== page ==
By Lincoln Shryack
UPDATED: Mutaz Essa Barshim has scratched
The last time Mutaz Essa Barshim competed at the AIT International Grand Prix, in 2015, the Qatari superstar high jumper cleared 2.41m, an Asian record and the fourth-best indoor mark in world history. Barshim was on fire that day in Athlone, Ireland, passing the 2.41m bar with such ease that he took three healthy — albeit unsuccessful — cracks at a 2.44m clearance that would’ve set a world record.
Now, three years later, the reigning IAAF World Athlete of the Year returns to the site of his indoor best, arriving at the AIT International Arena for tomorrow’s event having lost just one competition in the last year. And with the 2018 IAAF World Indoor Championships next week in Birmingham, he enters his crucial tune-up in Athlone for the 2018 AIT International Grand Prix — which you watch LIVE on FloTrack this Wednesday — the same way he left it last: on fire.
Consider this: Barshim hasn’t placed outside of the top two at a high jump competition since before the 2016 Rio Olympics. Other stars of the discipline — Derek Drouin, Bohdan Bondarenko, and Gianmarco Tamberi — have experienced the highs and lows of the volatile event over the last two years, but not Barshim. In an event that demands such perfection of repetition, Barshim has been as reliable as they come in the high jump. There’s a reason no male high jumper before him has won athlete of the year; it’s a damn hard event to get right consistently.
In 2017, Barshim became the first man ever to jump over 2.40m five years in a row. Not even the great Javier Sotomayor, who holds the indoor and outdoor world records that Barshim so covets, can claim that feat. Now with Usain Bolt and Mo Farah each retired from the track, Barshim is positioned to become the most dominant man in the sport — if he can avoid the nagging injuries that hampered him early in his career.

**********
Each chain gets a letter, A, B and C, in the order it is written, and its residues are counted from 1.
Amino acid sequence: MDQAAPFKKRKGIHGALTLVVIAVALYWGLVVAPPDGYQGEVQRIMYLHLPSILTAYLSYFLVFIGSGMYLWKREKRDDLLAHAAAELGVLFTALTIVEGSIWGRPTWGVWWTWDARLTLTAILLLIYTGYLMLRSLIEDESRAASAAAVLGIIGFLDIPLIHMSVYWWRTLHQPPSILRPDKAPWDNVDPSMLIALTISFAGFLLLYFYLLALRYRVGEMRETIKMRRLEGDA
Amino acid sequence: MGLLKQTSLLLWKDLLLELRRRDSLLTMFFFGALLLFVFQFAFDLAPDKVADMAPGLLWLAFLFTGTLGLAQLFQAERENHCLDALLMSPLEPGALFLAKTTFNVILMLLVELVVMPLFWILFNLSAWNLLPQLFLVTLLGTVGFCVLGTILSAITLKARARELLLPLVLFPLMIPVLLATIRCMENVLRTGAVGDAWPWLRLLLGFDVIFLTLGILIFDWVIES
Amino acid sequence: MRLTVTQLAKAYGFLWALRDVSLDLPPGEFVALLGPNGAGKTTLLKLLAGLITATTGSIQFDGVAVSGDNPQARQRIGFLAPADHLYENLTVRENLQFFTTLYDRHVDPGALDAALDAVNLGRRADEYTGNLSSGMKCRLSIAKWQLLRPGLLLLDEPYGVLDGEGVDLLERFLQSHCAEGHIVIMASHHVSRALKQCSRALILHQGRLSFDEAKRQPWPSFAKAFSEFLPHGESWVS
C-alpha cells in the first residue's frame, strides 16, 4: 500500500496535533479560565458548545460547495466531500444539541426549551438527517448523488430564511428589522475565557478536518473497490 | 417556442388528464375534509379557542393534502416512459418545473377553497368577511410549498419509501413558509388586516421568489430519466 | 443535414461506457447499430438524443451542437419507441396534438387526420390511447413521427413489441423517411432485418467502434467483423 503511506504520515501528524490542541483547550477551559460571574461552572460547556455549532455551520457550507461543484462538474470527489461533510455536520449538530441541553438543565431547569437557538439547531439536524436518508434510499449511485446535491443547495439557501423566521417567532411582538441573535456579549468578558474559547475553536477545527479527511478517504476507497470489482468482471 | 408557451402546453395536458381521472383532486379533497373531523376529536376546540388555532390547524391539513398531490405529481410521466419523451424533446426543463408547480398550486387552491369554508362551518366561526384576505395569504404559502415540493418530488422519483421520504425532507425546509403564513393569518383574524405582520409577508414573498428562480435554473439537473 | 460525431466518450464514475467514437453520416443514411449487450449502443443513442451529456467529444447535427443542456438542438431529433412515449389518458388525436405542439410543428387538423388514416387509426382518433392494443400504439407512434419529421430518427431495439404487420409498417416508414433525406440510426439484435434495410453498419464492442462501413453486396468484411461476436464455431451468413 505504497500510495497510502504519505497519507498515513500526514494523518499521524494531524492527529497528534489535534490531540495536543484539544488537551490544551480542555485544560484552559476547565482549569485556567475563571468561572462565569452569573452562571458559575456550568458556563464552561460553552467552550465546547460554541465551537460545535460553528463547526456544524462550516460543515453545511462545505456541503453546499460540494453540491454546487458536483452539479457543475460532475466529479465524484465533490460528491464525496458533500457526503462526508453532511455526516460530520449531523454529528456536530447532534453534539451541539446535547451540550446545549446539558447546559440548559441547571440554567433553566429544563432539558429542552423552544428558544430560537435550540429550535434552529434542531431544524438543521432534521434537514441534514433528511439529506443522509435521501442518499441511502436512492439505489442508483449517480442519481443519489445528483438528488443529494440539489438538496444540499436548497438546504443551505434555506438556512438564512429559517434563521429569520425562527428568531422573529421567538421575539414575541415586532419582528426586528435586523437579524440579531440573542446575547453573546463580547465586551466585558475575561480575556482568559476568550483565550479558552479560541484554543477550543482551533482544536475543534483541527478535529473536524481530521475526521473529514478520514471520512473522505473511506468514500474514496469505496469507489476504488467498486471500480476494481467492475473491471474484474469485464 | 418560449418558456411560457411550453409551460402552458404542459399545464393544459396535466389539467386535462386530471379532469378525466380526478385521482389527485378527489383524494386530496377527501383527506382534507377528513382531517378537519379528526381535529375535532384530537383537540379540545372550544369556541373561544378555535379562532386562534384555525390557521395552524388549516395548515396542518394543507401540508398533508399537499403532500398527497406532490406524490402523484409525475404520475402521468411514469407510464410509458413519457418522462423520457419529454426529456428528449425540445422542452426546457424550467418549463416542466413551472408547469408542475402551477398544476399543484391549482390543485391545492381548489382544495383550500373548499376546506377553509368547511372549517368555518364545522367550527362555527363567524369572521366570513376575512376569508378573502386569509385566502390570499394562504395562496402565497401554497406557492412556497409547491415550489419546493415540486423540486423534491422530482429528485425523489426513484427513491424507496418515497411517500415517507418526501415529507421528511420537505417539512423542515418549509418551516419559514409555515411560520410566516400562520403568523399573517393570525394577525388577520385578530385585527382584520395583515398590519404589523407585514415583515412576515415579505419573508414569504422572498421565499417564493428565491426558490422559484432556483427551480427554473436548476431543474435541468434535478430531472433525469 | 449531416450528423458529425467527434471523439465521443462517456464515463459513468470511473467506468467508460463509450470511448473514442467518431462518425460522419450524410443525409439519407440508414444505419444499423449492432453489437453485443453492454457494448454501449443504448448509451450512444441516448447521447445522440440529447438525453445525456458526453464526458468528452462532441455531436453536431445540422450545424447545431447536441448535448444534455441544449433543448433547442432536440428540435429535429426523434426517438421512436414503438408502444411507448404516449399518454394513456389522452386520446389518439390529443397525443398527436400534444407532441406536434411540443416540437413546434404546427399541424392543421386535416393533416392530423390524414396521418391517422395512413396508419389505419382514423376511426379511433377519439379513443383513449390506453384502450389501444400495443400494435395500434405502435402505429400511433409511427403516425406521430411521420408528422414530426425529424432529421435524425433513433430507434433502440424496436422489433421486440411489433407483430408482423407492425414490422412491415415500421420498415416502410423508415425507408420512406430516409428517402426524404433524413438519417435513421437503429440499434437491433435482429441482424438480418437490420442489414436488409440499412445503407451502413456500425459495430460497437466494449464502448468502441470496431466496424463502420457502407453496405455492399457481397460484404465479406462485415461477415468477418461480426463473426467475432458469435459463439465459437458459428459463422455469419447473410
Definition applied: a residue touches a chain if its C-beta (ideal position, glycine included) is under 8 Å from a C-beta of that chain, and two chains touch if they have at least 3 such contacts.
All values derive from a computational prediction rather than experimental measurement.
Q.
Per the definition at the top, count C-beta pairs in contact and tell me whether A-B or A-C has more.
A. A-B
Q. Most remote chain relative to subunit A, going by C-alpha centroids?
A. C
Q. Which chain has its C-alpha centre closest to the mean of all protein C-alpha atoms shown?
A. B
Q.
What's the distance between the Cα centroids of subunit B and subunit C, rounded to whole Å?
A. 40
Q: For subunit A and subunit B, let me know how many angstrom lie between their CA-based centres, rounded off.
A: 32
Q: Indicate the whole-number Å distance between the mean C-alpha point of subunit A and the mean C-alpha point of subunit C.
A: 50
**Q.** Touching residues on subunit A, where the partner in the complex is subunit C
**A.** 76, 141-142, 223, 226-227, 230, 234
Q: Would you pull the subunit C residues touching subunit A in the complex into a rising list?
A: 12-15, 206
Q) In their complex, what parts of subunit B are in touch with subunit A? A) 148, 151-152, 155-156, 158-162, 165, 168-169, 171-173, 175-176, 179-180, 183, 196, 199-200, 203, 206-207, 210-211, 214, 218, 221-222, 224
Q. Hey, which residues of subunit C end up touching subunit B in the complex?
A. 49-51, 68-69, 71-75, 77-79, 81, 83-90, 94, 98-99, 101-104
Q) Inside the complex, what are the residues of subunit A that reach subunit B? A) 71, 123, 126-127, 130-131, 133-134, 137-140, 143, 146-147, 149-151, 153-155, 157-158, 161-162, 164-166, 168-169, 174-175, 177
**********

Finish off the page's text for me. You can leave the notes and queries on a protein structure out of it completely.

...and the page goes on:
Much of the credit for Barshim’s unrivaled success of late can be traced to that one factor: his health. Barshim dealt with various injuries off and on from 2012 to 2016, collecting championship medals every year besides 2015 despite his ailments. Those results speak to Barshim’s incredible talent, and this run of dominance underscores his potential when firing on all cylinders. The eye-popping marks and championship medals have come in droves even in years interrupted by injury; how much more does the 26-year-old have in him now that he’s perfectly healthy?
That question has only started to be answered, and to that end, Barshim is off to a flying start in 2018. His 2.38m performance at at the Asian Indoor Championships on February 1 was the second-best season-opener of his career and established him as the firm favorite for Birmingham. Barshim will look to win his second world indoor title there, and with the rest of 2018 serving as an off year, he can soon begin to turn his attention to prepping for 2019. With the next IAAF World Outdoor Championships in his hometown of Doha, Qatar, Barshim will have more eyes — and pressure — on him than ever before.
Don't forget to catch Barshim's high jump and other events live on FloTrack.